It has been obvious while watching the Olympics that the Caribbean countries particularly Jamaica dominates the sprints and East African countries such as Kenya and Ethiopia long distance running. The usual factors apply; genetics, environment and opportunity.
Fast /slow twitch muscles fibres:
There are two types of fibres in muscle. Slow twitch which contract slowly but keep going for a long time and use oxygen efficiently. They are the most useful for the long distance runner.Fast twitch fibres contract quickly but do not use oxygen as efficiently and get tired more rapidly. The concentration of theses are important for sprinters. Olympic sprinters have been shown to have 80% fast twitch whereas Olympic long distance runner have been shown to have 80% slow twitch.Fibre type is known to be genetically determined but it is still uncertain whether training can actually change fibre type.
The 3 countries which dominate long distance running are the three adjacent countries of Kenya, Ethiopia and Somalia and many tribes are genetically related.
Jamaicans, Caribbean countries and black people from America tend to dominate sprinting. They all have similar origins having been selected for their strength during the slave trade from the west coast of Africa. The infamous crossing ensured that only the very strongest survived [survival of the fittest]
Erythropoietin (EPO) is a hormone naturally produced in the kidneys which stimulates red blood cell production. With more red blood cells you can carry and deliver more oxygen to your muscles.
At high altitude, the air is ‘thinner’ therefore there are fewer oxygen molecules in the lungs making fewer molecules available for red blood cells to bind to. When this happens, more erythropoietin is produced to counteract this. Now there will be more red blood cells and therefore more oxygen can be carried. Athletes sometimes train at high altitude in order to gain more red blood cells in this manner before returning to normal altitude. When they return, they will keep high levels of red blood cells for a while thus allowing better performance. Somalia, Kenya and Ethiopia are high altitude countries and runners are used to running in thin air.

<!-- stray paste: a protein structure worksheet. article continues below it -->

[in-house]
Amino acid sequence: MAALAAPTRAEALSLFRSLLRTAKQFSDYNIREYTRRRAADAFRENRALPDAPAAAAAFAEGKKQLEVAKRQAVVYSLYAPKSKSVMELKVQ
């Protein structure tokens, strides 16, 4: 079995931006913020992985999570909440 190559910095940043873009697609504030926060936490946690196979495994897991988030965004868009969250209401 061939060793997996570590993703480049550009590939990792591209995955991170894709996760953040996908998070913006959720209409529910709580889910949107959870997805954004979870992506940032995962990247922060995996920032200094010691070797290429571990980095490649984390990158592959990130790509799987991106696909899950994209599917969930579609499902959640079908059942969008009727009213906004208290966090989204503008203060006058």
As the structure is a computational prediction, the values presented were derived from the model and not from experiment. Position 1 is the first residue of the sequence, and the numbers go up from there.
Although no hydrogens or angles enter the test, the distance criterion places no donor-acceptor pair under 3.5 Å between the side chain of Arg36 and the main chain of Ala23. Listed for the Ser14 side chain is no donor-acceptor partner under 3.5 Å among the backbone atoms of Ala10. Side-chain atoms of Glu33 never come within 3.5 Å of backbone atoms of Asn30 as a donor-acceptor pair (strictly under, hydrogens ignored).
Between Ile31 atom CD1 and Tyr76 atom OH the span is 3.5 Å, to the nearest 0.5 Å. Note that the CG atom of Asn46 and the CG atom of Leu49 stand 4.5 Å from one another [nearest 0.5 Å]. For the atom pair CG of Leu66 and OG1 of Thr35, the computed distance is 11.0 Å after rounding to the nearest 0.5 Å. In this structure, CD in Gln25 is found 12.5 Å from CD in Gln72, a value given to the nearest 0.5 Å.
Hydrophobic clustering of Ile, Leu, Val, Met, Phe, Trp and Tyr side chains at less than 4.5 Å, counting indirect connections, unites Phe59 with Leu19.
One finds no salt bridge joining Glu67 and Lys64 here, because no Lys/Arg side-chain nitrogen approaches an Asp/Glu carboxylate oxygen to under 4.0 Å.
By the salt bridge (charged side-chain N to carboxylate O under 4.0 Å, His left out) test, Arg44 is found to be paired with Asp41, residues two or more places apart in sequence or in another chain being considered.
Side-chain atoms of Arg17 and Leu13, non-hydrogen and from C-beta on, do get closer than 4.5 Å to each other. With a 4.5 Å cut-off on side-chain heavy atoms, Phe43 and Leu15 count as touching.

EPO can be made artificially. It is illegal for athletes to take erythropoietin to improve performance and the act of doing so is termed ‘blood doping.’ Another form of blood doping is when an athlete transfuses blood previously taken from themselves to increase the amount of red blood cells. Until recently blood doping was impossible to detect however recent advances have meant that the ratio of young immature red blood cells to mature red blood cells may be able to tell if it occurred. EPO also leads to a similar result .
Oxygen dissociation curve:
The oxygen dissociation curve is important for understanding how our body carries and releases oxygen. This is what it looks like:
Its sigmoid shape enables oxygen to be transferred from red cells to oxygen deprived tissues efficiently. At high altitude, we produce more of a compound called DPG. This shifts the curve to the right which enables oxygen release from haemoglobin to muscles to occur even more efficiently (at even higher P02 partial pressures).
Running is cheap. It is one sport in which relatively poor countries can excel. You don’t need boats, swimming pools, horses or skiing equipment. In rich countries you may actually have less opportunity to run. When I visited Kenya on Safari our driver picked up a boy to give him a lift to school. I learnt that he would jog 5 miles 4 times a day as he would come home for lunch. I asked in all seriousness if he had thought about taking a packed lunch as I thought he probably burnt off as many calories as he would eat by travelling home in the middle of the day. My comment produced much laughter at the time but in reality in communities such as those, running was a natural everyday occurrence. Everybody did it, those who were particularly good would stand out and of course as with everything the more you do the better you get. Our population is generally untested, how many 8 year olds have a hidden talent for long distance running, at that age very few will have tried to run 6 miles or more? One Olympic coach said in answer to the question ‘How do you beat the Kenyans at long distance running?’ –‘Buy them school buses!’